With Anthony Davis absent from the lineup, the New Orleans Hornets fell to 3-6 last night after suffering a 102-80 loss to the New York Knicks.
The early season hope for the Hornets has crumbled quickly after the team opened up the campaign with a solid performance against the San Antonio Spurs and a stretch of four games in which the Hornets came away with three victories. Since that time, Monty Williams’ side hasn’t been able to put together a winning performance.
What’s ailing the Hornets changes from game to game and can’t be pinned to a lack of any one thing. This is a team in the midst of a multi-year rebuild and is fielding a lineup that struggles to do anything consistently, even the bad things. New Orleans is the kind of team that can win despite turning the ball over five more times than their opponent and lose despite out rebounding the other side or scoring more points in the paint.
On paper, the Hornets are confusing, there are no stats to back up any assertions you can make about them, except one. For the Hornets to win, points in the paint are crucial and without Anthony Davis in the lineup, the Hornets struggle to find the close range buckets to help them win games.
At no time has this been more evident than on Tuesday night, when the strong front court of the New York Knicks had their way with New Orleans in the paint outscoring them 30-20. Robin Lopez, although much improved, is still a far cry from a dominant force and could benefit from showing a bit of toughness. His game has always been soft and without Davis there to provide his 16 points, 8 rebounds and two blocks per game, the Hornets look vulnerable as Ryan Anderson polishes his game to eventually resemble that of a power forward rather than a perimeter player.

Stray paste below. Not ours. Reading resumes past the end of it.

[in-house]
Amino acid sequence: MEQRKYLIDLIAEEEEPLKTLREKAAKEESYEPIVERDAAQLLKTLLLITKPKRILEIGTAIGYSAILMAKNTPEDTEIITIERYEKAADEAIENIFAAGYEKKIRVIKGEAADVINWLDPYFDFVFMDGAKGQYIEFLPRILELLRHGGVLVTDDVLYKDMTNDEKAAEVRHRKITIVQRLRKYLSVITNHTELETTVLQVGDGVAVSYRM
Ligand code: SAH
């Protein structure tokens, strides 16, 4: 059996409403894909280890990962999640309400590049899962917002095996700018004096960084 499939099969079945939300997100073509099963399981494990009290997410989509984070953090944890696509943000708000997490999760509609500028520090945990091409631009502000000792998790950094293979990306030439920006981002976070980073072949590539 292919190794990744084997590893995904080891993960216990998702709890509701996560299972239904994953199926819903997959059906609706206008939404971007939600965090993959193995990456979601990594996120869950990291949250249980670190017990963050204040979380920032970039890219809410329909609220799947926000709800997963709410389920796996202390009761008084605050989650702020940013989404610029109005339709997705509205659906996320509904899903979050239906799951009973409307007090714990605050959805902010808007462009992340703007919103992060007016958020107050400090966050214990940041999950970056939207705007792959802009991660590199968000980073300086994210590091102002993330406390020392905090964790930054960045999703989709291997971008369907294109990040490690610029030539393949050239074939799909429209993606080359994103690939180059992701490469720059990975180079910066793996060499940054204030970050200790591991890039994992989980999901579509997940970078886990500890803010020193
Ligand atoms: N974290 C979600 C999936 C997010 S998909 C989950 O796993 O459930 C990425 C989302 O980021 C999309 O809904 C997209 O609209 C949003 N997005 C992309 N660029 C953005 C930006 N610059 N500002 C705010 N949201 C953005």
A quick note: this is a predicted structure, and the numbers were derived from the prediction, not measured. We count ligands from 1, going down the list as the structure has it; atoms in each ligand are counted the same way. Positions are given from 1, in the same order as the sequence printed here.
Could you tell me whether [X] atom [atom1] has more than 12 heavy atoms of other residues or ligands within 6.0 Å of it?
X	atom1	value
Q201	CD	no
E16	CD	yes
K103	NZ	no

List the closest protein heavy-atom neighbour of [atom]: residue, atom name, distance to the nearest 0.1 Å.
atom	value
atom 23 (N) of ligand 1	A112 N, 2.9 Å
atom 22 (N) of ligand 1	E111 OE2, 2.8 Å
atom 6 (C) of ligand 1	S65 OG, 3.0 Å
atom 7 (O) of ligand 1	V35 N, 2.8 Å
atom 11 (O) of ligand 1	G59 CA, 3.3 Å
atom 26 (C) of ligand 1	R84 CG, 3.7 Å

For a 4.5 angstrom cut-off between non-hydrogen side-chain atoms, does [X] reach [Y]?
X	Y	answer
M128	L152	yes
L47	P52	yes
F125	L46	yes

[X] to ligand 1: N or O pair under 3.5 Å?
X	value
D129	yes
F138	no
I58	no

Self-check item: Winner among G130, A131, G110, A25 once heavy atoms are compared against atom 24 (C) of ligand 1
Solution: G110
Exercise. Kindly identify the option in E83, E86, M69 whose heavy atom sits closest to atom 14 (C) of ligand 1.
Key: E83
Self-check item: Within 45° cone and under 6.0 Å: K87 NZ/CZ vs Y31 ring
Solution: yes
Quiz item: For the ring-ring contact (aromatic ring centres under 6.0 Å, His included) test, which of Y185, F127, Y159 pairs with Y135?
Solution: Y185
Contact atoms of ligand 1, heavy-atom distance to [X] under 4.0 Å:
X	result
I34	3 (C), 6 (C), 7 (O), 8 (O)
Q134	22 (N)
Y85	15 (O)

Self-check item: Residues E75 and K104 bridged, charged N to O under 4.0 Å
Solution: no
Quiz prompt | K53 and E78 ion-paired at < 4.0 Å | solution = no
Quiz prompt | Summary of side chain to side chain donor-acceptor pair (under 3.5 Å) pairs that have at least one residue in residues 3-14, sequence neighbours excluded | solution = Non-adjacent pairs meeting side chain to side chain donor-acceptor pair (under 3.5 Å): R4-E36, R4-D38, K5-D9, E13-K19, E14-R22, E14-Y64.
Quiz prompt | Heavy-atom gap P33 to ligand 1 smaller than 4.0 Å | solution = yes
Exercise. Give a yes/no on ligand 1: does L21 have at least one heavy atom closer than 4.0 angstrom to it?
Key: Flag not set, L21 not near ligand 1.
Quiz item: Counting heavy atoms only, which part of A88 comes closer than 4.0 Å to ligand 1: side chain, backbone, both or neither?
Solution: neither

While games like Tuesday’s may be frustrating for NOLA fans to watch, rarely have the Hornets themselves been boring to watch. Point guard Greivis Vasquez is having a career year averaging 8.9 assists per game, the third best total in the league. As a team, the Hornets are 6th in the league in assists, up from 16th last season.
Small forward Al-Farouq Aminu has transformed into a solid contributor in his first season as a steady starter, averaging 12 points, 8 rebounds, two steals and one block per game. His ability to dunk the basketball certainly doesn’t hurt when it comes to winning him points with the fans either.
Losing Gustavo Ayon and replacing him Ryan Anderson was a master stroke by general manager Dell Demps as the former Orlando player has brought a real three point threat into the team’s ranks and is averaging a career high 16.4 points and 8 rebounds per game. Unfortunately, Anderson is the team’s only real three point threat, a fact that becomes evident when you consider that New Orleans doesn’t shoot the three much at around 18 times per game and shoots 34% in doing it.
With exciting rookies in Davis and Austin Rivers, the amount of cap space at their disposal, the potential scorer that could be coming back into the team in Eric Gordon and players like Anderson settling into their lineup, New Orleans has reason to be optimistic even if they do finish this season well under .500.
For a moment, imagine the Hornets are lucky enough to receive another top five pick in the draft. Adding yet another solid young player to the lineup they have may just be the best remedy for success as the franchise builds for the future. A lot of other factors will play into it by years end, but if it were to happen, it could swiftly resurrect the Hornets. Demps has to handle the Gordon situation properly and the team has to get better production out of Robin Lopez or get backup Jason Smith more minutes.
The future holds bright things for the Hornets. Among them an eventual postseason berth down the road, an all star caliber youngster in Davis and a general revival hope for hoops in the Big Easy.